The maneuver may also be aimed at countering an image in voters' minds of Obama as presidential material and at helping restore an aura of inevitability as the party's nominee that Clinton had early in the campaign but lost.
"The Clintons are in a difficult position," said Dennis Goldford, a political science professor at Drake University in Iowa, who has tracked the presidential race.
"If she wins the Democratic presidential nomination, she would need Obama's supporters. But she needs to be careful. If this talk of him on the ticket is seen as a cynical maneuver, it could backfire and hurt her," Goldford said.
Former Senate Democratic leader Tom Daschle of South Dakota, an Obama backer, mocked the idea.
"It may be the first time in history that the person who is running number two would offer the person running number one the number two position," Daschle told "Meet the Press".
Obama leads Clinton, a fellow Democratic senator, in a bruising race for their party's presidential nomination, but neither is likely to reach the 2,025 delegates needed to become the nominee in the remaining state-by-state contests.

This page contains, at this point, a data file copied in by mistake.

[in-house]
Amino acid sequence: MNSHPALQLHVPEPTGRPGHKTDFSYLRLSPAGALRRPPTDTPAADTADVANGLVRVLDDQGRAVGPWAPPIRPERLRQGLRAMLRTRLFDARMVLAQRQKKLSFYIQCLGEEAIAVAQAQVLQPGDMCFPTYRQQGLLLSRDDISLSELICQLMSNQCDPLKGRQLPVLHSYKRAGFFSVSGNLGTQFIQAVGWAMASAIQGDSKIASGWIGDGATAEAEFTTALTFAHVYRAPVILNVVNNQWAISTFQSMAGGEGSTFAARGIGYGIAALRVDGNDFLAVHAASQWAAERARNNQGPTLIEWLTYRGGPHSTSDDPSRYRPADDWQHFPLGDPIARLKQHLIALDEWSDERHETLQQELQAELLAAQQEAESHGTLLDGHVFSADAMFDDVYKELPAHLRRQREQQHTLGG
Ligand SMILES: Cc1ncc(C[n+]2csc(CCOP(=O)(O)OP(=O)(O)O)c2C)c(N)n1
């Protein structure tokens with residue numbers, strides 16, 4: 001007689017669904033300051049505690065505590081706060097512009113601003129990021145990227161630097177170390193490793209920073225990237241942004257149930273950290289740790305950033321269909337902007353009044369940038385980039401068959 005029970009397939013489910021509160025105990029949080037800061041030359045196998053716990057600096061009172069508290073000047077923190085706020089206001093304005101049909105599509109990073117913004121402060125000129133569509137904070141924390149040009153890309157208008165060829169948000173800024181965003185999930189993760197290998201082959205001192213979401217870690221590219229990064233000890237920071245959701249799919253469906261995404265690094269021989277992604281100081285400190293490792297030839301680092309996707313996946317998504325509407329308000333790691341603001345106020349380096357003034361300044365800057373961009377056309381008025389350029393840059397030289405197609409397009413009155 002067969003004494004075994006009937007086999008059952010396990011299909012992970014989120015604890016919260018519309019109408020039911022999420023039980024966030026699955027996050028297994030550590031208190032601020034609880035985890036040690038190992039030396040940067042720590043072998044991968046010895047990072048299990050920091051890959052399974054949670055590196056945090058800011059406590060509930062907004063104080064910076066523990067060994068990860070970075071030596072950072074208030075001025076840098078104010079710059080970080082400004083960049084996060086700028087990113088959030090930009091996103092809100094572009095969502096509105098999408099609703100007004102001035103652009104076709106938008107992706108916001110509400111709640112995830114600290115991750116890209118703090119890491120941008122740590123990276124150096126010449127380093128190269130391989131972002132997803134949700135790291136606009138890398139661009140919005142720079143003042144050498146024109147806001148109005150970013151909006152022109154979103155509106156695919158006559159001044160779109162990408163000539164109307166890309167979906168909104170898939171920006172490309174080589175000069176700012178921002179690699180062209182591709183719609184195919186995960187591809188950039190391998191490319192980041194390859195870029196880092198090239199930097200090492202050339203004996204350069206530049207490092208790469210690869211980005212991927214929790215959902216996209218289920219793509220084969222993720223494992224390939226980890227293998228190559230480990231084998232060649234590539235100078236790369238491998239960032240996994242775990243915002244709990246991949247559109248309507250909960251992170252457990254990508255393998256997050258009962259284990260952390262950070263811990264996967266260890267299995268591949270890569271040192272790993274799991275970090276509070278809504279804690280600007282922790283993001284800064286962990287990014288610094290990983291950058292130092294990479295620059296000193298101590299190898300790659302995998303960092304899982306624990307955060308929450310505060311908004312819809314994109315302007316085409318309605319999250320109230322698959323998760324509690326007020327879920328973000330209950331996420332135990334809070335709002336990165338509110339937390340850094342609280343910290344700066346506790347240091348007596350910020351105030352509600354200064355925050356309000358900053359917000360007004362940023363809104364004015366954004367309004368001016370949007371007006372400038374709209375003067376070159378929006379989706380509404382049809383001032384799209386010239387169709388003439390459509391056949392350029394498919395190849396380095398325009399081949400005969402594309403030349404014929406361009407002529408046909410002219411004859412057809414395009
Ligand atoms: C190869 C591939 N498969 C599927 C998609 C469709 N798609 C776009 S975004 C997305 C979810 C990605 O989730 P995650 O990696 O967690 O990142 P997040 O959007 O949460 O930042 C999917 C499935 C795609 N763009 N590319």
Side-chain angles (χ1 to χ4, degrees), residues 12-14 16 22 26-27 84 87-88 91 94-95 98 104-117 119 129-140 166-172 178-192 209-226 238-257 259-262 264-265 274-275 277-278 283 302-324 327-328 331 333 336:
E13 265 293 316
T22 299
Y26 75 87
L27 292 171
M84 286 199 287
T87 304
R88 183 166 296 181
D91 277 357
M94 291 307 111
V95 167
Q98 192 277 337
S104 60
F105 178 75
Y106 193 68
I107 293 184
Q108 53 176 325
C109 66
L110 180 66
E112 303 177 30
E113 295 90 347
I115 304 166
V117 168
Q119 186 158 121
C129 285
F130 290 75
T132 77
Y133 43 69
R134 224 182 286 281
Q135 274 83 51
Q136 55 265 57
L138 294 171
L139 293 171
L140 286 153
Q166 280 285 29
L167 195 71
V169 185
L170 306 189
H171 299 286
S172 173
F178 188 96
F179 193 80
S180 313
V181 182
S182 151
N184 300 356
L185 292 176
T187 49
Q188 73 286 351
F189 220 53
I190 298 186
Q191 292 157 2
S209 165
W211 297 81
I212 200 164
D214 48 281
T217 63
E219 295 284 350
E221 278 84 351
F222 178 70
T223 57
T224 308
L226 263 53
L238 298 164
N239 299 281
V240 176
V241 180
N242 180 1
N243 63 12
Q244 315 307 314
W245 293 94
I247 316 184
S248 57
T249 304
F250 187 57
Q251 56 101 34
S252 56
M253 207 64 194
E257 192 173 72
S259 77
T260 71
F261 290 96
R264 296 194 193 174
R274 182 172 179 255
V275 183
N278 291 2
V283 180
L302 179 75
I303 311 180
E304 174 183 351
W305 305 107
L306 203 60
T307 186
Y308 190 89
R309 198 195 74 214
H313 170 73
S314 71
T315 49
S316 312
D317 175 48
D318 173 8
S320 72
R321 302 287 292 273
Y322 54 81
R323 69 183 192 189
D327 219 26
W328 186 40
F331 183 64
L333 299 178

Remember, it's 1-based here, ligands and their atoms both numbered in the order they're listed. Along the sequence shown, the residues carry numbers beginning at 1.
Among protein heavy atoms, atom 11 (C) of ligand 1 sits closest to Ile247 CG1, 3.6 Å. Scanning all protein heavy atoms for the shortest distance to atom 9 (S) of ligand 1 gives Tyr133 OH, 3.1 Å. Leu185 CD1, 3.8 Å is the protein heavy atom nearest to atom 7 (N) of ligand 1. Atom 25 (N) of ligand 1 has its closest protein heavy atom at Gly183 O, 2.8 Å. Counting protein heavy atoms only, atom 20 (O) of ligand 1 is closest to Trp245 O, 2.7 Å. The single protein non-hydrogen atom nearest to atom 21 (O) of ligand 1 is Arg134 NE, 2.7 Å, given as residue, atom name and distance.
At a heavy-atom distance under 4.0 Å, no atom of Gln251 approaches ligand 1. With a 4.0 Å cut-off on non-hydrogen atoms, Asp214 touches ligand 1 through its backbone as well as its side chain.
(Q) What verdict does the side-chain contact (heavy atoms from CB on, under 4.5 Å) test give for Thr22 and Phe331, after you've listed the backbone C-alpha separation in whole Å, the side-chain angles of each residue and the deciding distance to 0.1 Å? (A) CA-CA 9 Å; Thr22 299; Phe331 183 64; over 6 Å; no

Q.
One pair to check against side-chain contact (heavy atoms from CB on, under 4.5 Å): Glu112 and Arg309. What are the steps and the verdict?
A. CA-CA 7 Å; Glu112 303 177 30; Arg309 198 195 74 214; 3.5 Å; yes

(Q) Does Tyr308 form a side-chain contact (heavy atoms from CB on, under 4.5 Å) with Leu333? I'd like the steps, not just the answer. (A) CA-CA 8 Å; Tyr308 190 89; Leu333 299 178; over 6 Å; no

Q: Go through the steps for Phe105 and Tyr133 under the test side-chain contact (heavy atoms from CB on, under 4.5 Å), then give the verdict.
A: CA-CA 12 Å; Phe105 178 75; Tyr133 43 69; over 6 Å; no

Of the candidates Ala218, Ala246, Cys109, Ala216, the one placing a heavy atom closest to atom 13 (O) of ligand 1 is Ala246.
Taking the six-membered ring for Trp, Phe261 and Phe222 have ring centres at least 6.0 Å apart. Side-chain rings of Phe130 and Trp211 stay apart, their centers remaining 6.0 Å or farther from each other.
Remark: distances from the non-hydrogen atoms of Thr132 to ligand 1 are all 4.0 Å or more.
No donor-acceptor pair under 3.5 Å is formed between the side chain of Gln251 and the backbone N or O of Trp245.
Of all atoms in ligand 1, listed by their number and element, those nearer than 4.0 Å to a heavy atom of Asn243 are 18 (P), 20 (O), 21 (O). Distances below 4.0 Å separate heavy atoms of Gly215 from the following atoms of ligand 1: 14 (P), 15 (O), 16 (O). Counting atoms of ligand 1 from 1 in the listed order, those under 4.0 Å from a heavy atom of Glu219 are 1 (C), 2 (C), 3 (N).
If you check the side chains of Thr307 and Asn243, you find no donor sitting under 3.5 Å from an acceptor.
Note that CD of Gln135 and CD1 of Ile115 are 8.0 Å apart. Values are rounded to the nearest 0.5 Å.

As Democratic leaders worry about the damage that could be done if neither has a clear lead by the August nominating convention, the party is also trying to decide what to do about election results from Michigan and Florida that do not count because of a dispute over when they were held.
The Clintons have charged that Obama, a charismatic lawmaker from Illinois, lacks the experience to handle an international crisis as president.
But since Clinton, a two-term senator from New York, won primary elections in Ohio and Texas, she and her husband, former President Bill Clinton, have touted Obama as a possible running mate.
When asked about the possibility last week, Obama said he was focused on winning the nomination. "I think it is very premature to start talking about a joint ticket," Obama said.